A few plot points are rushed, and that feels like a cheat but it may be that we will be getting more detail in the next stories. There is plenty to enjoy here and there are light saber battles, comedic characters that don't irritate, and a strong sense of fun rather than a permanent sense of dread hanging over the characters. The transition of the story from our older characters to the newer ones is done much more smoothly than say the same technique which is used in a film like "The Expendables 3". We care about the new characters because we get a chance to know them. Early on, a great new relationship develops in a good action scene and then that relationship is ignored for two thirds of the movie. That was one of the few mistakes in character development in the story. There are two new digital characters that are introduced and both are intriguing but they seem peripheral to the main thrust of the character arcs we are looking at, so either use them more effectively or lets move on.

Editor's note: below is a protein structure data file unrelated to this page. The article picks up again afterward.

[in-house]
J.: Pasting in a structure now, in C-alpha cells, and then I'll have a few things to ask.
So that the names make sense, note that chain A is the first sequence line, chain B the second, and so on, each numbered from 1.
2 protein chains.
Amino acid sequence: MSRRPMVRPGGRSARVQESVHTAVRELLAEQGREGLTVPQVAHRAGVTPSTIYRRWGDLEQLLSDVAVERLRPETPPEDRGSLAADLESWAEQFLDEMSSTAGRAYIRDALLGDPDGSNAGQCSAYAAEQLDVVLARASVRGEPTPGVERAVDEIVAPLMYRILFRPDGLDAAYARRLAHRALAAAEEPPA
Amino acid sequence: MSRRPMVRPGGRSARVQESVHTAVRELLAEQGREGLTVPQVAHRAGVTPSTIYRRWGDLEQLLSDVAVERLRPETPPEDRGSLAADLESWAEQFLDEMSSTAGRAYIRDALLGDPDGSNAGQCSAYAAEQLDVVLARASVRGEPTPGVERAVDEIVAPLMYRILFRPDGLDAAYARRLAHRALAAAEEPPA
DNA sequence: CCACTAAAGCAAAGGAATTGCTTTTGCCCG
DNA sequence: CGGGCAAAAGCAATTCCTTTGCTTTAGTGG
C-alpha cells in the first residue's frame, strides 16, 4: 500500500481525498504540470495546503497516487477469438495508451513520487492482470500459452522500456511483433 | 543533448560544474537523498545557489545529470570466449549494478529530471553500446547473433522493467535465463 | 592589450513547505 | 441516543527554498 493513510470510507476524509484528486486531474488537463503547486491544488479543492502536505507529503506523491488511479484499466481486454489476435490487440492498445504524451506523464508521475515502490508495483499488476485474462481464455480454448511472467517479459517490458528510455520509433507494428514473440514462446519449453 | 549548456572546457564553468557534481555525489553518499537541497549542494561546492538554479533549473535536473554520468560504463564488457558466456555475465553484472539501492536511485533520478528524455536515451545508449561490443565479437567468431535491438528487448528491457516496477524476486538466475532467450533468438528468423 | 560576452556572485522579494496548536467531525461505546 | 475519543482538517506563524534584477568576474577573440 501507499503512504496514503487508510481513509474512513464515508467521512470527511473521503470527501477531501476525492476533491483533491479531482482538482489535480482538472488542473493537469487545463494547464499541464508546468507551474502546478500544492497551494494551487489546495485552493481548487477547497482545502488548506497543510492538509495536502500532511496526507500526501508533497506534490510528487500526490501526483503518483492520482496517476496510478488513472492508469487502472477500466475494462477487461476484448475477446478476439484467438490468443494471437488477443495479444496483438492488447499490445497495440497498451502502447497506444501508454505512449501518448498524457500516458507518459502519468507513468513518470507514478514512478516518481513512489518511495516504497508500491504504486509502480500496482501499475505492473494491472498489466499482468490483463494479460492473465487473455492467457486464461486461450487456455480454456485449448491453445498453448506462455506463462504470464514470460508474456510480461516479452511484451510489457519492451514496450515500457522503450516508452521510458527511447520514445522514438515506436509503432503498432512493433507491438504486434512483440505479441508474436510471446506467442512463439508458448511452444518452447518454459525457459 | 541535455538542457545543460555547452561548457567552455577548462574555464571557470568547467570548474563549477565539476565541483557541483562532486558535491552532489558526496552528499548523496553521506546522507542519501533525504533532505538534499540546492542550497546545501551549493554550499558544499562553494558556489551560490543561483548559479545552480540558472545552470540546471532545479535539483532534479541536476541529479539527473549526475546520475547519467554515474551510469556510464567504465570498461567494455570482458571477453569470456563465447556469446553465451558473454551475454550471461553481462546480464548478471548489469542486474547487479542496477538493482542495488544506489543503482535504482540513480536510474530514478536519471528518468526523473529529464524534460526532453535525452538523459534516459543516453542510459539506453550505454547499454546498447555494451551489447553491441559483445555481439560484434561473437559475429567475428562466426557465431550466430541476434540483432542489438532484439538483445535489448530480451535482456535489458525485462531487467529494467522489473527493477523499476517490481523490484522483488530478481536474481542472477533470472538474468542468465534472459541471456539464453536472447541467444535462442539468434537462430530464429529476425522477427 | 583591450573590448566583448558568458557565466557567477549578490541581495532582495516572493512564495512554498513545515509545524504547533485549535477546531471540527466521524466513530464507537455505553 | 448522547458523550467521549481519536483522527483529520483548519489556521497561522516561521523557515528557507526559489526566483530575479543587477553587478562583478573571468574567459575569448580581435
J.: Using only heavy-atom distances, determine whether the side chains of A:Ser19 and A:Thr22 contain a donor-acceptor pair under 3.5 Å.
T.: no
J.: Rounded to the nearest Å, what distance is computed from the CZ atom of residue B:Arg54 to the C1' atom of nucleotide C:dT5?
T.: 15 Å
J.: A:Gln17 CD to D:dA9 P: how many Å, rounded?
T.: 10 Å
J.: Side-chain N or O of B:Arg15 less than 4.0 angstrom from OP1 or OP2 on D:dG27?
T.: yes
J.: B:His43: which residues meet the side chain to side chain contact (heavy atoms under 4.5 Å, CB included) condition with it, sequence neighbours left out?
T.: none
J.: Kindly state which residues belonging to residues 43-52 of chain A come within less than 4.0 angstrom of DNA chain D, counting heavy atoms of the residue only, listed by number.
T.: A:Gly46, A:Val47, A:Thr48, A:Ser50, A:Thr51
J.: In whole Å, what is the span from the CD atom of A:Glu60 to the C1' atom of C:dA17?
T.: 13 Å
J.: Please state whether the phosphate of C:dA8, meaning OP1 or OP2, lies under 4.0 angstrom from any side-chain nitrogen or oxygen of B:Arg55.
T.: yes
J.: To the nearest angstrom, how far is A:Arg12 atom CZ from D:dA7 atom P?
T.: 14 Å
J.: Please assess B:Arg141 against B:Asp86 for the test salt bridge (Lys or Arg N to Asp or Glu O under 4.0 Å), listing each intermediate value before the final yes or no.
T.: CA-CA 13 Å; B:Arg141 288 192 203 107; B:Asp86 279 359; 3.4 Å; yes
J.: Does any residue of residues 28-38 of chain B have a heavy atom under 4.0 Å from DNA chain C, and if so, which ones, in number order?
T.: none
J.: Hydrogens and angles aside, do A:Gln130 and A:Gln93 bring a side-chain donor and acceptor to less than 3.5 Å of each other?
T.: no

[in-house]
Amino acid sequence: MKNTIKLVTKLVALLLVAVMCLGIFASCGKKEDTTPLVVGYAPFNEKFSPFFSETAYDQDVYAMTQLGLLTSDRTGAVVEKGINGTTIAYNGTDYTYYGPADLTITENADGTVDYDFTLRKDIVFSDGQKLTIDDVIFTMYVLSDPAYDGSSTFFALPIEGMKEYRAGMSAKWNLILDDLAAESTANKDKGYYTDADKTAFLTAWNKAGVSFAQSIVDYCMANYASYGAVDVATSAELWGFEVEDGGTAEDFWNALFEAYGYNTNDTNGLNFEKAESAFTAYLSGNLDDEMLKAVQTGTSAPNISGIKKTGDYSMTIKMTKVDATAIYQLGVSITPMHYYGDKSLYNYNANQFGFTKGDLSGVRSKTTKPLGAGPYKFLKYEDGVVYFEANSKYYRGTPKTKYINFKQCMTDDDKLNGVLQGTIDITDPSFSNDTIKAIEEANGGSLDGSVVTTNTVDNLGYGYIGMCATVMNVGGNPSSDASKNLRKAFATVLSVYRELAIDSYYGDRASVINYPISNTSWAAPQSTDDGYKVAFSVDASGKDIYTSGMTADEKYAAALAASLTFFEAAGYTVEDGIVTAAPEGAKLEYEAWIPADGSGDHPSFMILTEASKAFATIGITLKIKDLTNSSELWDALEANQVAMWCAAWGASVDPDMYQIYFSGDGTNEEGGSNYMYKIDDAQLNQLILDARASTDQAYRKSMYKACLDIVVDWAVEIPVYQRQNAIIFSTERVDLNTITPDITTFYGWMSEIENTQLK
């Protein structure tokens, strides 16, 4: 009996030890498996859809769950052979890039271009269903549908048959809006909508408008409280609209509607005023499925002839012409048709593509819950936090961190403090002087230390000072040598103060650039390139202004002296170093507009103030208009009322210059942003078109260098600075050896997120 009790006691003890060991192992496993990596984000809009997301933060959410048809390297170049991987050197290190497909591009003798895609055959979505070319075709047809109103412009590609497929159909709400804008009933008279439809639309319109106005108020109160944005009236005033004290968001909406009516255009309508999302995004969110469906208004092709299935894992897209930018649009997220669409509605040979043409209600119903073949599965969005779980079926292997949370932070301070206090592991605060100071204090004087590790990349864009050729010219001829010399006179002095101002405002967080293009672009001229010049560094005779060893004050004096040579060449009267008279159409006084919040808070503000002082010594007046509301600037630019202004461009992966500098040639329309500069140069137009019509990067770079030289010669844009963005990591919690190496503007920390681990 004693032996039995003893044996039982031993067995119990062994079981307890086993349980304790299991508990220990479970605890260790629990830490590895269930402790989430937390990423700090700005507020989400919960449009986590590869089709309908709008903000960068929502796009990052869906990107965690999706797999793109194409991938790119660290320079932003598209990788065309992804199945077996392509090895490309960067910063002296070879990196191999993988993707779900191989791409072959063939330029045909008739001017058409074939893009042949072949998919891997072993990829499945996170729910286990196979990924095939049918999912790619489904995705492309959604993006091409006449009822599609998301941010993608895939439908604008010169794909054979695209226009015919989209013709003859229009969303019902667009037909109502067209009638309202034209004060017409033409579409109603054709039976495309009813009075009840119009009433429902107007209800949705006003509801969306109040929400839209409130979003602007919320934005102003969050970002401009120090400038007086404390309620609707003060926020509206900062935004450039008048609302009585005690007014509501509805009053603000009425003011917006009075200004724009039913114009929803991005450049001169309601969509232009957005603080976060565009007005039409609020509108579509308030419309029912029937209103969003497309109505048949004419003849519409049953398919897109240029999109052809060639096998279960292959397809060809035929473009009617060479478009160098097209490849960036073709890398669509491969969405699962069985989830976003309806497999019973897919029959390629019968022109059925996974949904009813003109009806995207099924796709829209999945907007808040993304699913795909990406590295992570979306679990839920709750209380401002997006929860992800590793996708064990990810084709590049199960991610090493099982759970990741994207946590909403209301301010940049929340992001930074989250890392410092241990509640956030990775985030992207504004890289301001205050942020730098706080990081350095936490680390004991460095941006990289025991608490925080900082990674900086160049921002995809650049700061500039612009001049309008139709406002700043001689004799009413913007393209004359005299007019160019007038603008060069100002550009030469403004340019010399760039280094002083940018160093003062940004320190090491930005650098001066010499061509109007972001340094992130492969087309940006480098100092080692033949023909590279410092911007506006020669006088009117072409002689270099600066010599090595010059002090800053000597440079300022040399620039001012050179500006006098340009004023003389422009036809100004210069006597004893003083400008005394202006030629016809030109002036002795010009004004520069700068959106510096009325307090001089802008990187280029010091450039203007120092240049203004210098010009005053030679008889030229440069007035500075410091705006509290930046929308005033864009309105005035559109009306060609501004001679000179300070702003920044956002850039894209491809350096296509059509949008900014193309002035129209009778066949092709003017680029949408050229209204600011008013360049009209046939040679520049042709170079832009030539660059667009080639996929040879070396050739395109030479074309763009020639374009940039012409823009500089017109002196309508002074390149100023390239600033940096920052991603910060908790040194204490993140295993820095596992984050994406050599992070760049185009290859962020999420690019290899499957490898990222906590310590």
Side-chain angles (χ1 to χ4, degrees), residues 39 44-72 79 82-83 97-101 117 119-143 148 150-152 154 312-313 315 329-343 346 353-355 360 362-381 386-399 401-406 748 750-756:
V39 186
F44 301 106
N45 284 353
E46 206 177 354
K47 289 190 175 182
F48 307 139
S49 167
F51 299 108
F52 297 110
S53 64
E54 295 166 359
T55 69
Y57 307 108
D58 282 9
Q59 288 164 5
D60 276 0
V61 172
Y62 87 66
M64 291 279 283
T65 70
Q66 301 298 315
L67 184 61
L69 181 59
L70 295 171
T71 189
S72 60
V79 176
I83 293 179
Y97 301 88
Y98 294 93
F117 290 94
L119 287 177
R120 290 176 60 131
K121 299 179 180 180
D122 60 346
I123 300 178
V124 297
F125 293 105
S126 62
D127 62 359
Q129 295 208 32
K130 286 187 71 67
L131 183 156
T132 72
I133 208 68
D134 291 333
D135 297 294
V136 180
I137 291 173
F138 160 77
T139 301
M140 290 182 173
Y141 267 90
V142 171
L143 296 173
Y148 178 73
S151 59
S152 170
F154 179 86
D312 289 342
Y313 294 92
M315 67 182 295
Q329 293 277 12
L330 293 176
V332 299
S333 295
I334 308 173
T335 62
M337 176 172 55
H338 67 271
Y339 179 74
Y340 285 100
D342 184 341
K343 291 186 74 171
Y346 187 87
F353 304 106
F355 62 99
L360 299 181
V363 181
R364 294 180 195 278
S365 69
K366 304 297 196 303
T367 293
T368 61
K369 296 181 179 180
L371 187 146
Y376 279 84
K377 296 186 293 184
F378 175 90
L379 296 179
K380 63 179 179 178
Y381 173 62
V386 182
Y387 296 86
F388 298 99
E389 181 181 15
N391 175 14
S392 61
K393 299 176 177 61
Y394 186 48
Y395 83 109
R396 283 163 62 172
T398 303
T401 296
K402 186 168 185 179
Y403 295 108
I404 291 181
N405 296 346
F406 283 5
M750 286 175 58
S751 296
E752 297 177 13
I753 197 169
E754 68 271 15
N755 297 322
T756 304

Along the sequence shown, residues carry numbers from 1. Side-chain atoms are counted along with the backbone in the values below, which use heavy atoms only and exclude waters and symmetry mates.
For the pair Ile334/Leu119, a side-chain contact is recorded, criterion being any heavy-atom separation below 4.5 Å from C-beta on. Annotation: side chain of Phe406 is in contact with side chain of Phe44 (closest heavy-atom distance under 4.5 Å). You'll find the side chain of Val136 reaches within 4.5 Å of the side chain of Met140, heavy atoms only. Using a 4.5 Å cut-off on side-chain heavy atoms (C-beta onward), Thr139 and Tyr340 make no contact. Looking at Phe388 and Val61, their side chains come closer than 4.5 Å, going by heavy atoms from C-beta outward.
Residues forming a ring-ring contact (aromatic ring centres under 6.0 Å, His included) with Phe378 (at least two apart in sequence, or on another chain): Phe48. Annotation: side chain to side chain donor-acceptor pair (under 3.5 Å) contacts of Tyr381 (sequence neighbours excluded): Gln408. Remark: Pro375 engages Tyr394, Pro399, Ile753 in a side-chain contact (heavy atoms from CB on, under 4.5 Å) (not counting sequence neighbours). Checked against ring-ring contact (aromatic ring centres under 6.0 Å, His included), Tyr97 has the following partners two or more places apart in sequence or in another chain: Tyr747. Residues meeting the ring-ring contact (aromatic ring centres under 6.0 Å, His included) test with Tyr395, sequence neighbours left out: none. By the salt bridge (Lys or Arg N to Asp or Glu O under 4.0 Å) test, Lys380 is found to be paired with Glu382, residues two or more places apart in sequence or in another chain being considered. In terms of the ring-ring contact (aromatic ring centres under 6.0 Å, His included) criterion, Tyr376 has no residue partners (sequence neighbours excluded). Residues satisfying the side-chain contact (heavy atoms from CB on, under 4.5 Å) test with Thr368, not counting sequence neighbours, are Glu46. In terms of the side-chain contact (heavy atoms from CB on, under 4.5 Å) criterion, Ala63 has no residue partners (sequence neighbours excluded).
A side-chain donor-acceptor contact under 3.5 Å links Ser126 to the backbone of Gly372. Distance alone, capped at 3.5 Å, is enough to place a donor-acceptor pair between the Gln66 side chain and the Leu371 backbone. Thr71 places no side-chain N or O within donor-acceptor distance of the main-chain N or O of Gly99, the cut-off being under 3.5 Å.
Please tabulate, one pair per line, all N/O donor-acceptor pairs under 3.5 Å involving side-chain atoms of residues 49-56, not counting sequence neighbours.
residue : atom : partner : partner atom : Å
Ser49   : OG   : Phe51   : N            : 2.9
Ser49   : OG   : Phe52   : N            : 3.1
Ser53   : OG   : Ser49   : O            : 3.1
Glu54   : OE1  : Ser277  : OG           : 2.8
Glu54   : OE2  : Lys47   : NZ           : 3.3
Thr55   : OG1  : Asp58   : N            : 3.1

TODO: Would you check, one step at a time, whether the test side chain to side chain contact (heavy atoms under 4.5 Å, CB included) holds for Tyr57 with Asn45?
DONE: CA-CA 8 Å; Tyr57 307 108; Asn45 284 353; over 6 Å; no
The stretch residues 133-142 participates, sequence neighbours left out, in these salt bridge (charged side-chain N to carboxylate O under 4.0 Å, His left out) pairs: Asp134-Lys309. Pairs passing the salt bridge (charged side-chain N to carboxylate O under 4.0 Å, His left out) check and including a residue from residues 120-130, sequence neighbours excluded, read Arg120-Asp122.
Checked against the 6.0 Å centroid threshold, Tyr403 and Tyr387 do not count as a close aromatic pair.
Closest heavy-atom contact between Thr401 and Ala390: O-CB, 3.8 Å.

The final shot in the movie manages to raise the hair on the back of your hand a little bit and whet your appetite for the next film in the series. As I understand it, there will be a stand alone film next year and it will be two years until we get the next chapter in this story. That should give everyone enough opportunity to reset the hype machine back to a level that is tolerable. I doubt that any film could live up to the expectations that this movie carries with it. Still it manages to be successful and entertaining, if slightly less than perfect. If you want a ranking, I'd put it exactly in the middle. Not quite original trilogy perfection, but so far above the prequels that it might be embarrassing to the creator himself.